November 6, 2002
God, disaster, or an improvement on what came before, and followed?
By Stephen Gowans
There are no model societies. Never have been. Never will be.
Some have been better than others, but none have ever been completely free of excesses, abuses, corruption, bigotry, cruelty, inhumanity and plain stupidity.
And there's no society today that can't be made better. But perfect?
Any human enterprise is necessarily flawed.
Still, belief that a perfect society can be built stubbornly persists, and no greater hostility has been known than that of true believers whose God -- what they believed was the perfect society -- has failed.
In 1949 the CIA secretly sponsored the publishing of a collection of essays by ex-Communists, among them Arthur Koeslter and Ignacio Silone. The essays were a withering attack on Communism, a God that Koestler, Silone and others had embraced, but now rejected. The essay collection was called The God that Failed.
That Communism had been elevated to the status of a God was a mistake, and anyone naive enough to embrace it as such would soon be disappointed.
And the CIA was taking pains to ensure that Communism wouldn't be embraced, either as a God, or as something a little more within realm of possibility -- an attempt to build something more humane than capitalism, but inevitably flawed.
In the immediate post-War years Communism had a certain allure in Europe. The Soviet Union was widely admired. It had carried the greater part of the burden in defeating Hitler's forces. And Communists were often at the head of the resistance movements in occupied Europe, among the most tenacious and intrepid fighters.
And so it was that Communism was far from being regarded as a "disaster" as it's often called today, no more fervently than in the United States.
Trying to move Europe from a benign view of Communism to a totalitarian hostility, however, wasn't going to work. So the CIA did what any Judo adept would do -- it used its opponent's strength to steer it in another "safer" direction.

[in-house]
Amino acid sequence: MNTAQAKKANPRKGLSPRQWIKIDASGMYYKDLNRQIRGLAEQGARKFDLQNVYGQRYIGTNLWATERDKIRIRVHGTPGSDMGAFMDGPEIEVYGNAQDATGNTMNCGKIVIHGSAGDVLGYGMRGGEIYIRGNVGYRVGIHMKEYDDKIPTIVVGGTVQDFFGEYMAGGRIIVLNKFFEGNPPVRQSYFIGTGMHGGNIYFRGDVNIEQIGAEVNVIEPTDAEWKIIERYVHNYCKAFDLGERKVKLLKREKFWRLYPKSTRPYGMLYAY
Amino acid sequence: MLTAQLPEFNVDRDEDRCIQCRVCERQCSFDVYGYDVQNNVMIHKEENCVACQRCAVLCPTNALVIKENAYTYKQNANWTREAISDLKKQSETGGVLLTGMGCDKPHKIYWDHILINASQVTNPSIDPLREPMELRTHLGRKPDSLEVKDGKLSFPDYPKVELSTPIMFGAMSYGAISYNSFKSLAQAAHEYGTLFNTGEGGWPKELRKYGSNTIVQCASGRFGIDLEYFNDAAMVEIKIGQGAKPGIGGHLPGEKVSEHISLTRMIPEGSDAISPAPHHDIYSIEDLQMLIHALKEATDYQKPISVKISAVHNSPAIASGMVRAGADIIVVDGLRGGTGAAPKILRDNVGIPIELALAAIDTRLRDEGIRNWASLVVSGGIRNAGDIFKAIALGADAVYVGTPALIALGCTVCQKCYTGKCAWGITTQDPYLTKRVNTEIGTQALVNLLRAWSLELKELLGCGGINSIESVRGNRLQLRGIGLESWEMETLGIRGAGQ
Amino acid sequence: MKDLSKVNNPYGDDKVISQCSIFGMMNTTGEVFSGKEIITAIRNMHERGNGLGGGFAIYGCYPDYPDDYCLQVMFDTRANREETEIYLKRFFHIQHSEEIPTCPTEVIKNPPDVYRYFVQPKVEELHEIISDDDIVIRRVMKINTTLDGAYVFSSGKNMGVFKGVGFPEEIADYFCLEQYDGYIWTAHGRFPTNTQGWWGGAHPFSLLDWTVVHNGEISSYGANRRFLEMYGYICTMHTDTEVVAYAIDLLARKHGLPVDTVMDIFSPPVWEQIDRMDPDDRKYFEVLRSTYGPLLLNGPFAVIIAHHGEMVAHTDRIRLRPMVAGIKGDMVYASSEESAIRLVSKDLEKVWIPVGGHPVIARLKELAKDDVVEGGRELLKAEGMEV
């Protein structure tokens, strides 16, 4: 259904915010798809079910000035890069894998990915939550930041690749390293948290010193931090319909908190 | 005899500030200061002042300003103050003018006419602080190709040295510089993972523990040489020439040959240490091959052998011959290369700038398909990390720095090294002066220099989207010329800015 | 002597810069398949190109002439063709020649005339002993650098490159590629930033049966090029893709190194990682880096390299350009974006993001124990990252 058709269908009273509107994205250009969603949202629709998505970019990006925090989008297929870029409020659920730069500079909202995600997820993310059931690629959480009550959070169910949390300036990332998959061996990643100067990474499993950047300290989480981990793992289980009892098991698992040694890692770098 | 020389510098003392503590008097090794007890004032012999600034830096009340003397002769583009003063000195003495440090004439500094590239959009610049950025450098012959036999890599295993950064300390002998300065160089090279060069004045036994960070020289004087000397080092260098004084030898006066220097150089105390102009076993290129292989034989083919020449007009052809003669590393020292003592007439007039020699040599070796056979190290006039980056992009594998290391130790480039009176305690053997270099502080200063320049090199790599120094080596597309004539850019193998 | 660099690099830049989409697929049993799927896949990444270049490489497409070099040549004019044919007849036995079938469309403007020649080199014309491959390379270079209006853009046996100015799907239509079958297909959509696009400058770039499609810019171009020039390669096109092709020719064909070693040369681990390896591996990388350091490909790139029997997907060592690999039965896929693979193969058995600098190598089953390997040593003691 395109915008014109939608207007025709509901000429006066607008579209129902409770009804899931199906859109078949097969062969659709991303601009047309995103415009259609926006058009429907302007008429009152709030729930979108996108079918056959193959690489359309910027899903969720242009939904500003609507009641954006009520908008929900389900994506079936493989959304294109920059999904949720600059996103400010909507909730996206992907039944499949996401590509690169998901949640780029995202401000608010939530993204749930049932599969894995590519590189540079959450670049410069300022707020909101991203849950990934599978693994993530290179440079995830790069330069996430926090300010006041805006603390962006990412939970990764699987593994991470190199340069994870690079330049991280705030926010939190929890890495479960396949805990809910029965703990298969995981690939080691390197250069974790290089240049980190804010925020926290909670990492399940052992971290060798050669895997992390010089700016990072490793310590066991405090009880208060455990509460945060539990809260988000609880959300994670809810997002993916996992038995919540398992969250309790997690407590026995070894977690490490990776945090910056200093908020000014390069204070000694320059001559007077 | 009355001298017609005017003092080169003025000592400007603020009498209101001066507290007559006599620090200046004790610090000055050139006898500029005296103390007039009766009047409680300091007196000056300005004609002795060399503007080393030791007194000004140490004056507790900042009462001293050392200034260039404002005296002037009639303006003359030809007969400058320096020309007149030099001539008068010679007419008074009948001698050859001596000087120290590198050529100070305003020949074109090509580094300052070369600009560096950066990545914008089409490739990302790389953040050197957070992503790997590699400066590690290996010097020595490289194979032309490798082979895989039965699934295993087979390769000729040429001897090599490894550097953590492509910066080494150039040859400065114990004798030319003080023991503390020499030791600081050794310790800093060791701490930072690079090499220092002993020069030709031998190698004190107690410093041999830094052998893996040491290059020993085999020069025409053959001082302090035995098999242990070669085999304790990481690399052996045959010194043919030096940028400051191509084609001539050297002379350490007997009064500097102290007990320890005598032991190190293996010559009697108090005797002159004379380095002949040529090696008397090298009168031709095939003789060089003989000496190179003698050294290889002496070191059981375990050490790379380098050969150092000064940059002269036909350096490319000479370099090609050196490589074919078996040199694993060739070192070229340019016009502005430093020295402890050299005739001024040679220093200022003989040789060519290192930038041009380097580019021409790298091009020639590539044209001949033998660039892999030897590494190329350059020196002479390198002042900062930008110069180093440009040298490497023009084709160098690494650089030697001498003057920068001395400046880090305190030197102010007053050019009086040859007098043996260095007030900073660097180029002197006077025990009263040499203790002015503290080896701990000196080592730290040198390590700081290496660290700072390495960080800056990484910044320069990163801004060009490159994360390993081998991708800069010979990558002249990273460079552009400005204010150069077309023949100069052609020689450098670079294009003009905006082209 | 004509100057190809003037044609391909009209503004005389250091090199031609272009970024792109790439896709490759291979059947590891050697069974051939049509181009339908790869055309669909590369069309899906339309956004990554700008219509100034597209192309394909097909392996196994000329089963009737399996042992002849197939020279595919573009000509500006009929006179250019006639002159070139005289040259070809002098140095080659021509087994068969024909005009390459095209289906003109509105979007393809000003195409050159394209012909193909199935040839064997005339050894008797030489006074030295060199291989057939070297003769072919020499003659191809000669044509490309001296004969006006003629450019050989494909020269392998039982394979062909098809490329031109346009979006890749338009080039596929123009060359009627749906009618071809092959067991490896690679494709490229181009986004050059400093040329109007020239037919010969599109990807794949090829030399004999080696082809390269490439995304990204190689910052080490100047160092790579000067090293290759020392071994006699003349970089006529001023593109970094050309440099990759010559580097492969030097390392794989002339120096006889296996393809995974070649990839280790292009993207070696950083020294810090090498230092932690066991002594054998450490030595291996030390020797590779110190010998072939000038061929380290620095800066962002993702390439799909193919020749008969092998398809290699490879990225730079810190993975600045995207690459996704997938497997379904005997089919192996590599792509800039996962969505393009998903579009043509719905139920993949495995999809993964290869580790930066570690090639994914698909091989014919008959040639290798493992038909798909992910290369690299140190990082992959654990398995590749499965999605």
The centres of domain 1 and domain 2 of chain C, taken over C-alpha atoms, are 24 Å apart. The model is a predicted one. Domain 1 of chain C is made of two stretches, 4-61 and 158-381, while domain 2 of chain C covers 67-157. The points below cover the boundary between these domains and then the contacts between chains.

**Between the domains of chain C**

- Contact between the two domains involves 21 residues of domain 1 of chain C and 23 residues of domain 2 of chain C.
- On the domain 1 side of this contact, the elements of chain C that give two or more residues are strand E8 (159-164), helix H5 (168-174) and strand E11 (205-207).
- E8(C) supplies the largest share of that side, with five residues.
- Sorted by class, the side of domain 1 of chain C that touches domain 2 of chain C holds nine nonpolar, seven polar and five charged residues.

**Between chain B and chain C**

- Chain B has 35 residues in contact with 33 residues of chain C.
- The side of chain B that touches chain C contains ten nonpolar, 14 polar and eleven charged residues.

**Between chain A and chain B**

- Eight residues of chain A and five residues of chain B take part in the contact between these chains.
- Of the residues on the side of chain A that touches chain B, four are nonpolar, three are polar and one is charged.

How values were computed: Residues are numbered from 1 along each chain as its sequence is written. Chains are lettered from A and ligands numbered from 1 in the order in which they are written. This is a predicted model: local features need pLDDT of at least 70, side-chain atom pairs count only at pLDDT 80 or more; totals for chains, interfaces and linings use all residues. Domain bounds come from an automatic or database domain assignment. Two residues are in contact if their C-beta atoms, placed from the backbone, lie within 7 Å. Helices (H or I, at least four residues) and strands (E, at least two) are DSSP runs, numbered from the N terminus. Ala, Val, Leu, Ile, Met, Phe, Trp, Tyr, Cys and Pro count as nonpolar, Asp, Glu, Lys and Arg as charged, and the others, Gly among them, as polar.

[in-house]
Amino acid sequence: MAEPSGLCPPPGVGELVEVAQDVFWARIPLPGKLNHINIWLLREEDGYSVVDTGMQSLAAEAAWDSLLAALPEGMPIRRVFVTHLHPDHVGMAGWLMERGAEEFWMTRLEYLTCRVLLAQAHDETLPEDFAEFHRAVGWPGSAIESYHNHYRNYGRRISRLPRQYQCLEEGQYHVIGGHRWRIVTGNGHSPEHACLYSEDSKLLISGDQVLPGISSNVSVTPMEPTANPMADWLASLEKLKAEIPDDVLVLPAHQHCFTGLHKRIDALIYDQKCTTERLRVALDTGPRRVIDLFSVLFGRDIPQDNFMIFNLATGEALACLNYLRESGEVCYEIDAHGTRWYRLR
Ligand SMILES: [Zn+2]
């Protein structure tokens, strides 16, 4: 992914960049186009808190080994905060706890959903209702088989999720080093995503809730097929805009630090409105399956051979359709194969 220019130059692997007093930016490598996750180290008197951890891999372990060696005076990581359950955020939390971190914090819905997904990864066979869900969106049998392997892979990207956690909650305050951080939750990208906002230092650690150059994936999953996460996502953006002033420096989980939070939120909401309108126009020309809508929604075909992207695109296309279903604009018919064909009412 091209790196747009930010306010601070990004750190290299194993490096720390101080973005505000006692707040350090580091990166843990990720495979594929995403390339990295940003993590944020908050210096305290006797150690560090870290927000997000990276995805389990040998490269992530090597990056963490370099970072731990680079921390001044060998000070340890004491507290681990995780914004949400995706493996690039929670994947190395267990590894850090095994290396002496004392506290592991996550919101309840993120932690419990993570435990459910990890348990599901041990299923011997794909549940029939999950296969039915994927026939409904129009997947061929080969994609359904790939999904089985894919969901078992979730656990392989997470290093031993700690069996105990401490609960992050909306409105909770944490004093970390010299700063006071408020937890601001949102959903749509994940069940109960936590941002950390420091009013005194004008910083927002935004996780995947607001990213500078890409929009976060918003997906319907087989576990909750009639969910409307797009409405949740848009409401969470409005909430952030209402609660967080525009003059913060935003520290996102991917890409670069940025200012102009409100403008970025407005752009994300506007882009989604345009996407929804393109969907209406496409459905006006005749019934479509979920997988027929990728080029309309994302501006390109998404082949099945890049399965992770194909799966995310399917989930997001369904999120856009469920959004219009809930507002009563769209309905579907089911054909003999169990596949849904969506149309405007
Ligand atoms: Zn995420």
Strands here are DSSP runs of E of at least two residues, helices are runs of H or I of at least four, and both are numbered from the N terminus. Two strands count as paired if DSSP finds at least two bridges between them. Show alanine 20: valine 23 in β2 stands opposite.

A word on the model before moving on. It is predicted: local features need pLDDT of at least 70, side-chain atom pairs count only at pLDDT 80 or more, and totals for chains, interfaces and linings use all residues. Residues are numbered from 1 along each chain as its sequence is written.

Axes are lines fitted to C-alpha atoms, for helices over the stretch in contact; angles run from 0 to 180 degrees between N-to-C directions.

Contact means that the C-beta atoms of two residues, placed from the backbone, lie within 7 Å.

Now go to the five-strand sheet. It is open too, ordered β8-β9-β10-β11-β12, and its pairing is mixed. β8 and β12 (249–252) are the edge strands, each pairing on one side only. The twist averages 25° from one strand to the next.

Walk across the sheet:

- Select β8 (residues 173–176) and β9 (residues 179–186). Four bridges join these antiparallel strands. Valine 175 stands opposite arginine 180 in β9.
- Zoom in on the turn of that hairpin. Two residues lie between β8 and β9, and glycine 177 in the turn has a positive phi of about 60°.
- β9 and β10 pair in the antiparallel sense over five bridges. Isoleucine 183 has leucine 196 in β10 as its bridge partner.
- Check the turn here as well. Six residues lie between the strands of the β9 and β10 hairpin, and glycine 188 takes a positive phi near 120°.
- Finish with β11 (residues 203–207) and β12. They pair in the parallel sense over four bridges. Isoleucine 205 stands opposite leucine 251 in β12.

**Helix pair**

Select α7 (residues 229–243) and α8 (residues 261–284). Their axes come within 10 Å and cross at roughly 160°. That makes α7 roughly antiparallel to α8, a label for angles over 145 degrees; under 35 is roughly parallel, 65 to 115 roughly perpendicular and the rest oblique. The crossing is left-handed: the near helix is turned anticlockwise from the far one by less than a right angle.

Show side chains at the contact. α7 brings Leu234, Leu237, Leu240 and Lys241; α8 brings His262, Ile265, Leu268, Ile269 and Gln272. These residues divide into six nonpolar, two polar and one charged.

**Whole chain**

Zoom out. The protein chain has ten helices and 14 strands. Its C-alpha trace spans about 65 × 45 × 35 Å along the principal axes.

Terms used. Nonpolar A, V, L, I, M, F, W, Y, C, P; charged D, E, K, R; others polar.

This was done by secretly backing, nurturing, sponsoring, and bankrolling what the CIA called the NCL, the non-Communist Left, mostly social democrats and democratic Socialists. They were given funding -- channelled through various front organizations and trusts -- for journals, magazines, newspapers, conferences, meetings, and political parties.
Books like The God that Failed were published, and acquired a prominence they may never have achieved otherwise. George Orwell's Animal Farm and 1984 -- his critiques of Stalinism and totalitarianism -- were made into movies, the CIA secretly pulling the strings behind the scene, and insisting on changes that made the stories more congenial to the CIA's pro-capitalist views.
Meanwhile, the failures of Communism were harped on (as the failures of capitalism were harped on in the Soviet Union and Eastern Europe.)
In the end, under the weight of being continually molested from the moment of its birth by an implacably hostile United States, Soviet Communism collapsed, its own weaknesses contributing to its demise.
But was it a disaster, or was it a God whose legs were cut from underneath it?
It was neither.
It wasn't a God; its totalitarian character hardly recommended it as meriting worship.
But the charge that it was a disaster is no less simple-minded. For if it was a disaster, against what standard is it being measured?